***

The race hadn’t been easy.

If I’m thinking about the events that cap off my grueling goals, I think my PhD defense – scheduled for January – will be much easier. I like giving presentations, and I am excited to tell my colleagues, friends, and family about what I’ve been working on. I’m sure I will be nervous, but mostly, it will be fun. I’ve been imagining that day for months and months and months.

Compared to a mountainous trail marathon? PhD defense = easy.

But if I’m thinking about the paths that lead to those days, the running was much easier. The day after my marathon, I went for a little walk in the mountains with Annie, because we were already there and the views and mountain feeling are too good to miss even when your legs are jelly.

On Monday I went back to the office, and I didn’t take another day away from my dissertation until I handed it in just over a month later.

Again: that bad, bad situation of overwork, and everything it led to, was somewhat self-inflicted. I could have told myself, look, this is crazy. You don’t even really need six chapters. Florian, I can’t do chapter six. I’m going to take the weekend off and unscramble my brain and work on giving you a great five-chapter dissertation.

But that is not what I did. I wrote for hours at a time. I revised. I formatted. I cried. I ate a lot of cookies (a lot!). I asked colleagues to read terrible drafts. I rarely went running. I kept writing. I slept badly. I complained. I became a bad friend and officemate. I resented Florian. I cried more.

What I lacked was confidence. I was trying to follow the plan we had made, but it wasn’t working. I didn’t have that feeling that if I just did what was on the schedule, everything would be fine. Most days, it felt like there was no way in the world that everything would be fine.

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You think you’re doing okay and then you start correcting your bibliography and it looks like this…

Maybe partly because my training was over and I was rarely exercising, I totally lost perspective. My dissertation seemed like the only thing in my life, in some ways, and it felt like a slow-rolling disaster. Every little setback seemed like the end of the world.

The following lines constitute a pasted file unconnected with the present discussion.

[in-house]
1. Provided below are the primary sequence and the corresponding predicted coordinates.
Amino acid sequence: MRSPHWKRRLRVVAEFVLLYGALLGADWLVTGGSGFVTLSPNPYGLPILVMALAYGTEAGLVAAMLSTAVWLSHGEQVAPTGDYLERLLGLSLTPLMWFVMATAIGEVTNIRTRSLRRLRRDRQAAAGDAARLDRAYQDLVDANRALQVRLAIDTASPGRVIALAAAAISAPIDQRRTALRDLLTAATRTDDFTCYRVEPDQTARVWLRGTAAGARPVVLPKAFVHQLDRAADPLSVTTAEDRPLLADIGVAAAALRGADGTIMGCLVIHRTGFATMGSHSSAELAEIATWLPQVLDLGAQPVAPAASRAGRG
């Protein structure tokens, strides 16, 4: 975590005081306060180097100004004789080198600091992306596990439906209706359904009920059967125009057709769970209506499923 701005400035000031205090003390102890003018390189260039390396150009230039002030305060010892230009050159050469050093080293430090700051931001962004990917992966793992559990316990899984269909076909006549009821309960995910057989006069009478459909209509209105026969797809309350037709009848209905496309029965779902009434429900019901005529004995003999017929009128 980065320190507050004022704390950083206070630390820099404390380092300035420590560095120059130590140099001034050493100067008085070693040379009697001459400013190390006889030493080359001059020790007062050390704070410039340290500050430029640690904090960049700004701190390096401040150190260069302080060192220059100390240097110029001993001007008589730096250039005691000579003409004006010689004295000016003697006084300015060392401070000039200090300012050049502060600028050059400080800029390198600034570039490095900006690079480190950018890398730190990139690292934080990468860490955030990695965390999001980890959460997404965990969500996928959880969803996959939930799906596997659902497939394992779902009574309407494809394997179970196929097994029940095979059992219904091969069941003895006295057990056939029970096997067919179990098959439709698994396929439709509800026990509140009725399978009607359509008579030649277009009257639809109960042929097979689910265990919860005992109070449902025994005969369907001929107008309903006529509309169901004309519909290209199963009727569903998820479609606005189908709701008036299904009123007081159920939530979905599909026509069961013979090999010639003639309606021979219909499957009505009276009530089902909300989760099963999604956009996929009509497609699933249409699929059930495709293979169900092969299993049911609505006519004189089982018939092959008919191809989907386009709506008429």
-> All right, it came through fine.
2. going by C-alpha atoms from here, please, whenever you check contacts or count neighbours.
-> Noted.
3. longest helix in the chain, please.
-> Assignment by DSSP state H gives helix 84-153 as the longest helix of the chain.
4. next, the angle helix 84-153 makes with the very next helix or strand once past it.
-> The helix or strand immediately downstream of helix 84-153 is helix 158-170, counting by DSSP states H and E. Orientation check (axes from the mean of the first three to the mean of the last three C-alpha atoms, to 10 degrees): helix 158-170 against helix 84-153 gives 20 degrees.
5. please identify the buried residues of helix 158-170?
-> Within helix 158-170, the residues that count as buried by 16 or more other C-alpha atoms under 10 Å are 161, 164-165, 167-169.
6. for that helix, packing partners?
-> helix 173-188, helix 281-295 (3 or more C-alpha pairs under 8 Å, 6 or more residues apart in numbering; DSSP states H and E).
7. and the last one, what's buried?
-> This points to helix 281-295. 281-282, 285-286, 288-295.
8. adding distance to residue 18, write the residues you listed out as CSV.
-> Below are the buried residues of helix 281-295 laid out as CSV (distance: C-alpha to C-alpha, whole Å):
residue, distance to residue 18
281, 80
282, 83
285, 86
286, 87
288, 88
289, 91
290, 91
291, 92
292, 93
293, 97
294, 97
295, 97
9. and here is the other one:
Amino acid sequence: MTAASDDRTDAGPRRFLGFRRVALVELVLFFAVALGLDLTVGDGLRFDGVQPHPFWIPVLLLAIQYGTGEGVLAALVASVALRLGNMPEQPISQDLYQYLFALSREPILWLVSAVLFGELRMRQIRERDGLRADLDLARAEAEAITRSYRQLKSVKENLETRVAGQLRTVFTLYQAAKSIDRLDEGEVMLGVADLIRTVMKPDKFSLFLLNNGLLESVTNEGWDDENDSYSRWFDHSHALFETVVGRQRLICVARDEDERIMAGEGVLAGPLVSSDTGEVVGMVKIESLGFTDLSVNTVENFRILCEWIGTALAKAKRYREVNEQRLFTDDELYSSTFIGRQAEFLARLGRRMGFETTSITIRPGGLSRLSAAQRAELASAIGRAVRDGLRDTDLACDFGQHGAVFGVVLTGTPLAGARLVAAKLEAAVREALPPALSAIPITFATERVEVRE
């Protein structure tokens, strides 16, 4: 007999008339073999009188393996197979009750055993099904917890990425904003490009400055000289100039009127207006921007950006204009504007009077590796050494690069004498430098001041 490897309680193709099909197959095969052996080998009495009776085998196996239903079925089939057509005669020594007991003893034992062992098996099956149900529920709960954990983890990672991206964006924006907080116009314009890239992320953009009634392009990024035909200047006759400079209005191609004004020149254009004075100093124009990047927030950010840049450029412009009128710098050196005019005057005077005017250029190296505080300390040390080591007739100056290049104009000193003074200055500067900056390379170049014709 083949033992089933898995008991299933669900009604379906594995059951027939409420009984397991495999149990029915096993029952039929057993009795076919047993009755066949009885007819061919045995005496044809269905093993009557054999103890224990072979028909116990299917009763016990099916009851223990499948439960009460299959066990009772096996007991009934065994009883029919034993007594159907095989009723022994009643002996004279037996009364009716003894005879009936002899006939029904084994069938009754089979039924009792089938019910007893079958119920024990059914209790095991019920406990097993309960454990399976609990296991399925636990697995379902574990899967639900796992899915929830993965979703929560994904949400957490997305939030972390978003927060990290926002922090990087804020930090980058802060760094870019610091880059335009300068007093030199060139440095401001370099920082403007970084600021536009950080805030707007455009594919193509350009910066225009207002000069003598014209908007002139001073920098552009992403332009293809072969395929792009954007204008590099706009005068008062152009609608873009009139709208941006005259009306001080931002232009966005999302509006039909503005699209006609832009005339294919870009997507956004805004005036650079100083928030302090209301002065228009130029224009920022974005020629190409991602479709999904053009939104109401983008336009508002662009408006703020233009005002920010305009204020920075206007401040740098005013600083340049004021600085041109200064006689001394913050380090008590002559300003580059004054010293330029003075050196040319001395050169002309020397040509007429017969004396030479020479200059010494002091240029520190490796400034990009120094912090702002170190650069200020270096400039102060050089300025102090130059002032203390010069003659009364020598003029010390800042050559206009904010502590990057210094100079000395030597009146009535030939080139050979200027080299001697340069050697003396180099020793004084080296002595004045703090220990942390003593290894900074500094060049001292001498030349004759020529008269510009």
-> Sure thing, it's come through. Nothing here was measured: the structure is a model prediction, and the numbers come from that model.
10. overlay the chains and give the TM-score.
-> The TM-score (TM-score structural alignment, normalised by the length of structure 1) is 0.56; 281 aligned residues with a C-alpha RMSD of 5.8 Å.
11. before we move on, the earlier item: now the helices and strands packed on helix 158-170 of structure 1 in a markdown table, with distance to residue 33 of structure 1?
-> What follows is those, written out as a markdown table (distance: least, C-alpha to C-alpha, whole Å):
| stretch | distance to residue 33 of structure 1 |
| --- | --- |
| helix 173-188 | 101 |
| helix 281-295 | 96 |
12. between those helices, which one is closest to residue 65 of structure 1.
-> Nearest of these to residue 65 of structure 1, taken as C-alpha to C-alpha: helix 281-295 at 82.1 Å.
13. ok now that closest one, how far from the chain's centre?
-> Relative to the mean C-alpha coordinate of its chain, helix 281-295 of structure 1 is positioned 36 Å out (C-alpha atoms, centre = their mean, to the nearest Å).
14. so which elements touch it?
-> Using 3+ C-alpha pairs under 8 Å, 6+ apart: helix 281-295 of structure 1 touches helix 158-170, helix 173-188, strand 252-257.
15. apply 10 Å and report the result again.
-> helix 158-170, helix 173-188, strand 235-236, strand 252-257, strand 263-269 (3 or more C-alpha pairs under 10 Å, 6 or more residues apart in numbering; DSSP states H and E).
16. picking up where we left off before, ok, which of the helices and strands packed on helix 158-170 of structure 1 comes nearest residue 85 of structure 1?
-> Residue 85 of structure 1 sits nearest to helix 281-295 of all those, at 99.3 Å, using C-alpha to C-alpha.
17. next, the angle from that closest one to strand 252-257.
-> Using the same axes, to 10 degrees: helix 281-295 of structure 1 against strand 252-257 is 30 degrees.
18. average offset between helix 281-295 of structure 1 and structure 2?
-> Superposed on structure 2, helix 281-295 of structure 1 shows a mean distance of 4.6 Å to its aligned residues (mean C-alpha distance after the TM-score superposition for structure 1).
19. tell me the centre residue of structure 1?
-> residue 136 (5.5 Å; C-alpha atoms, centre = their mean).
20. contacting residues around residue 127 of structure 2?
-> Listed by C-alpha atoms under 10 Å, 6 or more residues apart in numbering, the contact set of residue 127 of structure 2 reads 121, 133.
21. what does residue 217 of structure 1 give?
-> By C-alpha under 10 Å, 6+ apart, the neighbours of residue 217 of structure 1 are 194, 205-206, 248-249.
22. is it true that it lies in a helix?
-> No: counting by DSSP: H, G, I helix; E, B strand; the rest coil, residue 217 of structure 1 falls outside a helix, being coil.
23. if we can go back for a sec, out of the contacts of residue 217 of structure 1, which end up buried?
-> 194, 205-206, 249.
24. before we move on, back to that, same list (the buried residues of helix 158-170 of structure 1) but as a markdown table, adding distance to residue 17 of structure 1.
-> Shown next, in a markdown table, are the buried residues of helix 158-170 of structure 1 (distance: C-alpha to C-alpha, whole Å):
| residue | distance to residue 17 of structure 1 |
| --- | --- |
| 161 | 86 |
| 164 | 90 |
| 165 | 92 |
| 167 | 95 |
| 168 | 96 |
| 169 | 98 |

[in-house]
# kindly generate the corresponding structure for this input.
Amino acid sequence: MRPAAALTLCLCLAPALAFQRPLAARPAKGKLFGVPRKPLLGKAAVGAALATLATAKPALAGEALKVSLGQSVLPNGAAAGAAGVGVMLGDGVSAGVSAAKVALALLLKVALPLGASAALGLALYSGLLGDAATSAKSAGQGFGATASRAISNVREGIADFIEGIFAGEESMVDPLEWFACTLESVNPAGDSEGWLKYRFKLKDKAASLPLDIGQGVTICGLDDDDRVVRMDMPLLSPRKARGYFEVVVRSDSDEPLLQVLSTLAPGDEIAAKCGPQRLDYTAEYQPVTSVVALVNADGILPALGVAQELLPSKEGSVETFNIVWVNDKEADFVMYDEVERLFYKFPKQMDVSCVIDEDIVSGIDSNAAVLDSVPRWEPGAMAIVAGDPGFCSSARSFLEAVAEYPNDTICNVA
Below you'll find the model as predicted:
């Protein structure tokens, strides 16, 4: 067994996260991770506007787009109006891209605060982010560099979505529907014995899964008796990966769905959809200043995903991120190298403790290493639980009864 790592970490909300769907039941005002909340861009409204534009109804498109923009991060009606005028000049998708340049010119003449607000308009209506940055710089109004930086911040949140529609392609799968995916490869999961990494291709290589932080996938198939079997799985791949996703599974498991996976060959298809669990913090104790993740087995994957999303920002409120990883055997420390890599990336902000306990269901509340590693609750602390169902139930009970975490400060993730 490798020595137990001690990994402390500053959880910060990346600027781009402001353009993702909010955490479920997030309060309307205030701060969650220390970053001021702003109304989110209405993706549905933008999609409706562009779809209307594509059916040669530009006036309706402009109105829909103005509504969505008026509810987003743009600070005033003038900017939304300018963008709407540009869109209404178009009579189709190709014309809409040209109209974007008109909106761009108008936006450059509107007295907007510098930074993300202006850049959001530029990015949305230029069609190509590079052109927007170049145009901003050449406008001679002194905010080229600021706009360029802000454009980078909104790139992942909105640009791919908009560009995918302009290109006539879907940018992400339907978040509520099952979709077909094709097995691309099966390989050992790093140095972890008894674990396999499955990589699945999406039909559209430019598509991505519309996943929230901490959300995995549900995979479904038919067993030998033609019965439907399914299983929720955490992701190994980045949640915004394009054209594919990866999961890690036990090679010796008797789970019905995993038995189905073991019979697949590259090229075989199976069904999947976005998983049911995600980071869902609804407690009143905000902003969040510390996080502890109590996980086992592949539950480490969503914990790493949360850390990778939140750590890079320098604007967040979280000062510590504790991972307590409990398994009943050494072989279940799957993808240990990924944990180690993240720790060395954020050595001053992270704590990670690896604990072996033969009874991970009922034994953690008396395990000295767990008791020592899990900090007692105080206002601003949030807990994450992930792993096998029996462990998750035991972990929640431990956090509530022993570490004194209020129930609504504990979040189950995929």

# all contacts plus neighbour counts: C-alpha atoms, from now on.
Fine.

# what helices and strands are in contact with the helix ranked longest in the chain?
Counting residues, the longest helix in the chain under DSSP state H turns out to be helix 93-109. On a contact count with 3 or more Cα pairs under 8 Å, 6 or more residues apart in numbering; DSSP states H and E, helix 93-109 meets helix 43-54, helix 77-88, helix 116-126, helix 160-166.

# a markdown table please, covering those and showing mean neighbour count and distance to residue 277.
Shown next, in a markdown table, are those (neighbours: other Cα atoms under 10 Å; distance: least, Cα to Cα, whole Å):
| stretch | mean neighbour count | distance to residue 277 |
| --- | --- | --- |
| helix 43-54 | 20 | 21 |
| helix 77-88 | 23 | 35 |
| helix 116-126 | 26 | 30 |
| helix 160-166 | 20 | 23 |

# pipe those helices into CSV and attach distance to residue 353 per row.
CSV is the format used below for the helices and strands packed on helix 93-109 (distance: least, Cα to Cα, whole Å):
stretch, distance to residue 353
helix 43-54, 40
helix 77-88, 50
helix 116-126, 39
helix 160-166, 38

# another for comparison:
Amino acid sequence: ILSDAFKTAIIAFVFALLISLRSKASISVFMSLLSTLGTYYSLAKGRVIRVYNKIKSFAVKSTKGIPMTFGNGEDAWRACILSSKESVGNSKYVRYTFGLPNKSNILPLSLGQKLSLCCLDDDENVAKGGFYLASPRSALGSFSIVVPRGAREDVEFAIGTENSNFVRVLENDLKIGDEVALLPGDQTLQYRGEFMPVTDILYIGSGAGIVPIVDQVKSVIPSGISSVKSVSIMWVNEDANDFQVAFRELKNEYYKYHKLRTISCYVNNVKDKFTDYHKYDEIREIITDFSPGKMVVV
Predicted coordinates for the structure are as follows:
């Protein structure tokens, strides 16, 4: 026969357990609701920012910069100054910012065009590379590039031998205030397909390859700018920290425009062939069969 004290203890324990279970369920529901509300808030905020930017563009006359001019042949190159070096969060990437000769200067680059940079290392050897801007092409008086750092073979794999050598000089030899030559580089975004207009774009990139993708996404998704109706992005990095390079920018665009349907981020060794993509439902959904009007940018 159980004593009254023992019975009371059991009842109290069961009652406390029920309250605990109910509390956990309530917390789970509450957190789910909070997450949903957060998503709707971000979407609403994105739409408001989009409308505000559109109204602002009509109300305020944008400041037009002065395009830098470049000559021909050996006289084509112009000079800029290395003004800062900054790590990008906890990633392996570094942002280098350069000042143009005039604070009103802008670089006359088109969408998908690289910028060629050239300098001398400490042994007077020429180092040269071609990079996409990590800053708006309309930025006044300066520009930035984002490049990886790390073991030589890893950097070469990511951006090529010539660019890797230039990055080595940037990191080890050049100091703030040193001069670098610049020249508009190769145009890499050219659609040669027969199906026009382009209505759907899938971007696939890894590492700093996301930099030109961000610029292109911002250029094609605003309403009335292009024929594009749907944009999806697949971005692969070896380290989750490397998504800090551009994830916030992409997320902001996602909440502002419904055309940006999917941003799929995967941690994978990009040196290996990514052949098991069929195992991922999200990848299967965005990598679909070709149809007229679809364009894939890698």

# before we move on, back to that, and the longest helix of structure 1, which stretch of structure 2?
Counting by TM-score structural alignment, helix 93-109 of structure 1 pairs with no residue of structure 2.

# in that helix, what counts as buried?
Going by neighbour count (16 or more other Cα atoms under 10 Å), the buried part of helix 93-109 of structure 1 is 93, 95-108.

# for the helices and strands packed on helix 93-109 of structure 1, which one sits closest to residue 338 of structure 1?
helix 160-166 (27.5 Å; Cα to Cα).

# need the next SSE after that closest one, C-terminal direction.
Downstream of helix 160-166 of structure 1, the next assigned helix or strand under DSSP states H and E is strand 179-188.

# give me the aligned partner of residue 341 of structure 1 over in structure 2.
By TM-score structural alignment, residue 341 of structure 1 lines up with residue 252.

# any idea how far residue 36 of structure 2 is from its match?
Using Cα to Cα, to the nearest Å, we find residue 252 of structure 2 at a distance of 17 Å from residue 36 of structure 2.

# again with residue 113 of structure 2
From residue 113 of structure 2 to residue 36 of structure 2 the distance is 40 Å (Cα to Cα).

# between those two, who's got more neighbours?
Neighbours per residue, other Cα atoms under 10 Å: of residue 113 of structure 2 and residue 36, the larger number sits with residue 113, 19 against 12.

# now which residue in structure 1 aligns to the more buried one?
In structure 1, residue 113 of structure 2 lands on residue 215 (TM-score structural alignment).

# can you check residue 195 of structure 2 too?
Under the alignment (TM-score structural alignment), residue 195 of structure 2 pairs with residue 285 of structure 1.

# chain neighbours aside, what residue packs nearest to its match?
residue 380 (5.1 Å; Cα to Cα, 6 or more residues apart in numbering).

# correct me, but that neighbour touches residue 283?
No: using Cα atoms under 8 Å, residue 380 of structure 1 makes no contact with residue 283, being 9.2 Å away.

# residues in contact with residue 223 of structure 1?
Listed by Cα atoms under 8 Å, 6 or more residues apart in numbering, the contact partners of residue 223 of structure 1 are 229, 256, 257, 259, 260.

But, on November 19, I handed Florian a printed version of my dissertation.

He made some minor corrections and told me it was very nice. This was classic: he had previously told me that he expected he would make a lot of corrections and there was no way I’d be able to turn it in the next day. But by saying that, he had ensured that I would ruin myself attempting to give him a nearly perfect dissertation.

I made those small corrections, and on November 20, I submitted my dissertation to the University of Zurich. It was anticlimactic. I uploaded a PDF to the online interface, and then walked some paperwork over to the Faculty of Science. The woman at the desk who accepted my registration for a PhD defense didn’t even say congratulations. Nobody had come along to give me a high five or hug, because I hadn’t asked them to.

Instead I went home and, much like after my marathon, lay on the couch. I sank into the leather cushions and felt like maybe I could stay there forever.

***

Recovery began the next day.

If there’s anything that being an athlete has taught me, it is that recovery is important. It’s not something I’m particularly good at, and it’s also something that I didn’t really value for much of my “serious” athletic career. I was interested in too many other things – when I didn’t have to train, I filled that time with something else. I’m pretty sure I would have been a lot faster if I had just taken a nap.

But now I’m some combination of older and wiser, and my body is older, and my brain is older. They need recovery and I fully believe in its value.

I took almost a week off from work, and now I’m back. I’m able to enjoy going to the office again. I’m able to get excited about reading papers, another thing that I almost completely neglected while I was writing. Many of the projects I am working on now, in this time between my dissertation and defense, are collaborative, and that feels great to get back to, too.

And in the back of my mind I can say that no matter what else happened in 2018 – the political, the personal, the stupid stress I put myself under – I accomplished my two big goals. That feels pretty good.

Norway and the Birkebeiner, 2017 Edition

This morning I had oatmeal for breakfast, and it made me think of Norway trips past and present.

On my first trip with the Ford Sayre team, Dan Nelson would make a huge pot of oatmeal every morning. It was good oatmeal (he often added apples, I think), but by the end of the trip I was sick of oatmeal.

On my most recent (I won’t say last!) trip with the Ford Sayre team, Tim and Margaret Caldwell making a huge pot of oatmeal every morning. Maybe it was because I was only there for half the length of the trip, but I never got sick of the oatmeal.

This trip was probably the best thing I will do all year, although sorry Caldwells, the oatmeal isn’t why. As Zurich has been from winter to summer and back again about five times since my mid-March trip to Lillehammer, those days seem far away. But before it gets further, I thought I should write something about it.